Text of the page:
• Ontario Heritage Act
  • Are the land restrictions in the Lambton Shores Official Plan deemed to be “reasonable”?
  • Is it reasonable that the onus is on the applicant to prove that their development application will not negatively affect any of the provisions of regulations imposed by various Federal and Provincial Acts?

A Punitive and Discriminatory Tertiary Septic System Policy

As previously stated in the section on Development and Infrastructure, there is no evidence that our septic systems are polluting the lake.  There is no evidence that our septic systems show any trends which would indicate septic impact on groundwater sources.

In 2013, the Minister of the Environment, Jim Bradley, sent a letter to the Municipality of Lambton Shores that stated, “Groundwater monitoring indicated that current septic systems in Zones 3 & 4 were not causing an environmental impact.  These monitoring results were reviewed by a hydrogeologist from the Ministry of the Environment who confirmed the results did not present evidence of environmental impairment due to septic systems.  The surface water monitoring data was also reviewed by a Ministry of the Environment surface water specialist who has confirmed that the data did not show any trends which would indicate septic impact.9

Why are landowners in the “sand lands” of Lambton Shores required by the County of Lambton Building Department to install engineered or tertiary septic systems if their lots are less than 1 acre in size?  What motivated the former Director of the Building Department to implement this new requirement?  When did this new requirement come into effect?  Moreover, is this ‘higher’, discriminatory standard being mandated and enforced throughout the County of Lambton?

Contrary to the Ministry of the Environment’s scientific findings, the former Director of the County’s Building Services Department, with the support of Lambton Shores Staff, determined that there was a trend to nitrate loading in sandy soils based on hydrogeological or geotechnical reports.  Based on their interpretation and their interpretation alone, “the Director (at that time) made an executive decision”. 10  “On lots less than one acre in size, (in sand) engineered systems were required.  If a conventional system was proposed it had to be supported by a geotechnical report verifying that the reasonable use nitrate criteria was met”. 11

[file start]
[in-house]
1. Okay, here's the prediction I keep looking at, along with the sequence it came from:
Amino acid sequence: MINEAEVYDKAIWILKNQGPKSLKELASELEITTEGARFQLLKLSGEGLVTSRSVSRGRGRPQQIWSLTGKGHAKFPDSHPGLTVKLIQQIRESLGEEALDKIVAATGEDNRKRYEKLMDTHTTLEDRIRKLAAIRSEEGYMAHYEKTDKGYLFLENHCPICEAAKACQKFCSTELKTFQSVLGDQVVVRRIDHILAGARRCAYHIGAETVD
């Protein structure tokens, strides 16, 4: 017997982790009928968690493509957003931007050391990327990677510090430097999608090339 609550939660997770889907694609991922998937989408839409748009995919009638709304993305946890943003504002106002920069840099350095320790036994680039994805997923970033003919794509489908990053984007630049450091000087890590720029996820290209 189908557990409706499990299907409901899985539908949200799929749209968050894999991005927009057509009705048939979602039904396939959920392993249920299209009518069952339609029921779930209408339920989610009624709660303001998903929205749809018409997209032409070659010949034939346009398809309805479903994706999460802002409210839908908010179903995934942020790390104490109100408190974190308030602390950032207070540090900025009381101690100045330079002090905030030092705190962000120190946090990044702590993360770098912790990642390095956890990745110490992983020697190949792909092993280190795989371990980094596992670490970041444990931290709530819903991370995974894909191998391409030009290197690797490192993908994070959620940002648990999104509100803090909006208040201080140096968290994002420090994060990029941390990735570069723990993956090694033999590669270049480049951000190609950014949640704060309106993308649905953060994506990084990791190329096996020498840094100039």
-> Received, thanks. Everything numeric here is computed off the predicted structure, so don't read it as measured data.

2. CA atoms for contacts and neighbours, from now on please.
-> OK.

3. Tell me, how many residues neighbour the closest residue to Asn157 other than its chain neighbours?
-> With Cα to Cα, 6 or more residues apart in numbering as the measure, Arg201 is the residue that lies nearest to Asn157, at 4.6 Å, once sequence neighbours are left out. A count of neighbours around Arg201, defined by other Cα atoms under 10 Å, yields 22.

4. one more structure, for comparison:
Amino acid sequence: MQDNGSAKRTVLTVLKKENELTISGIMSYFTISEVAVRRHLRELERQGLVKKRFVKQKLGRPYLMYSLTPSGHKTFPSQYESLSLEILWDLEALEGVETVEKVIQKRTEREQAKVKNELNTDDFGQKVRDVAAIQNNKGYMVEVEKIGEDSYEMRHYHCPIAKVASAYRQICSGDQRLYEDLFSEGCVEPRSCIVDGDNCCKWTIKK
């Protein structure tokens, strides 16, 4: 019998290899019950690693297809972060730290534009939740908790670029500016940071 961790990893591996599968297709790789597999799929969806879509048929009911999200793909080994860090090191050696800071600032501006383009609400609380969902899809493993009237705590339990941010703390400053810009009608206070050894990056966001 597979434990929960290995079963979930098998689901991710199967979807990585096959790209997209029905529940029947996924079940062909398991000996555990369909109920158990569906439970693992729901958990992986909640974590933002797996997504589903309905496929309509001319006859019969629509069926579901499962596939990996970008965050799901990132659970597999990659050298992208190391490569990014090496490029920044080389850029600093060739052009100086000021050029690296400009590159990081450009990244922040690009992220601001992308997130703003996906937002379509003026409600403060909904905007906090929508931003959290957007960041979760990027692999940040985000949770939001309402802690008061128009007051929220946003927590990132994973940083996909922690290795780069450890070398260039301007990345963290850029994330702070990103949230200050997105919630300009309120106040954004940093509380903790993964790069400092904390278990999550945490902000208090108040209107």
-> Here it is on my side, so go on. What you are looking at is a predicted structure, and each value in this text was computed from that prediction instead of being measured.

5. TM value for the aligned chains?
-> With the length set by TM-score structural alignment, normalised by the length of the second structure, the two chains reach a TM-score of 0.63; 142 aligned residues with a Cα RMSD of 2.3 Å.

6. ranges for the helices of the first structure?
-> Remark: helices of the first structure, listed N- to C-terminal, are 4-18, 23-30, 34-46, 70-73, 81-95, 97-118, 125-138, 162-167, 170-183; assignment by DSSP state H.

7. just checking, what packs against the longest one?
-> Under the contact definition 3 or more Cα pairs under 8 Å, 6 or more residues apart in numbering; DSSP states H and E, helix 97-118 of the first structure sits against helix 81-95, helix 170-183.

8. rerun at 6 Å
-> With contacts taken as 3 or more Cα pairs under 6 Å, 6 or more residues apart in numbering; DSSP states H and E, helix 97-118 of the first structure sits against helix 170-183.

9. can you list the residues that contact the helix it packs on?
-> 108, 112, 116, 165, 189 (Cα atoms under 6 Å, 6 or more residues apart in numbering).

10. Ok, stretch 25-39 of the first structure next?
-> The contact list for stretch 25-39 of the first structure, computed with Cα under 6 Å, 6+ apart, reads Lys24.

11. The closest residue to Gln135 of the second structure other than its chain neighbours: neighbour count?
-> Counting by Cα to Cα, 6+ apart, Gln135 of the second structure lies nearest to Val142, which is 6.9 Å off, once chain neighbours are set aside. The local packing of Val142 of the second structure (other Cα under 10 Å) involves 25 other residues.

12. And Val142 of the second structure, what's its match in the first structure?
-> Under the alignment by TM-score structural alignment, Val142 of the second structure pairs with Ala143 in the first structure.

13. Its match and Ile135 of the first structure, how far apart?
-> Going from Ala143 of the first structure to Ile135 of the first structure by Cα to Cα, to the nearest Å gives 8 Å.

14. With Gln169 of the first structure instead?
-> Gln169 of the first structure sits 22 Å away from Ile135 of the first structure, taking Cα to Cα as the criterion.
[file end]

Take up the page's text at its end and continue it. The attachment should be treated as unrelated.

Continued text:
The Lambton Shores Official Plan states that an EIS must be prepared by properly qualified professionalsResidents choosing to install a conventional septic system would therefore have to hire a properly qualified professional to do a geotechnical report on their property.  A properly qualified professional under Section 2.5 “means a person carrying out studies or evaluations who meets any specific requirements (e.g., wetland evaluation training) to carry out the study or evaluation and where appropriate meets professional standards in their particular filed (sic) and is accredited by a professional organization.” 

If EIS reports, which include geotechnical reports, must be prepared by properly qualified professionals, we should expect no less from those that are changing standards based on the reading and interpretation of highly specialized scientific reports.  A hydrogeologist requires a Master’s degree in either Geology, Hydrology, Chemistry, or Environmental Science.  To become a hydrogeologist who works in research one needs to acquire a PhD in either Geology, Hydrology, Chemistry or Environmental Science.

I question whether either the former Director of the County’s Building Department or the Lambton Shores Staff that supported the reading and interpretation of the “hydrogeological or geotechnical reports” were qualified to do so.  How can we trust their ‘interpretation’ of these scientific reports when they are not qualified?  How can we trust that their ‘conclusions’ are valid?

We cannot.  To change a standard, and base a policy on unqualified opinion is folly and unethical.

Given the discrepancy between the conclusions of the highly qualified scientists from the Ministry of the Environment that there is no trend and the ‘findings’ of the Building Department and the Lambton Shores Staff that there is a trend, we have to trust the conclusions of the qualified professionals.  Until such time as a qualified professional can review the same “hydrogeological or geotechnical  reports”, this policy should be rescinded.  Further, Section 13.3.2 Sanitary Sewage Services should be rewritten to eliminate the following: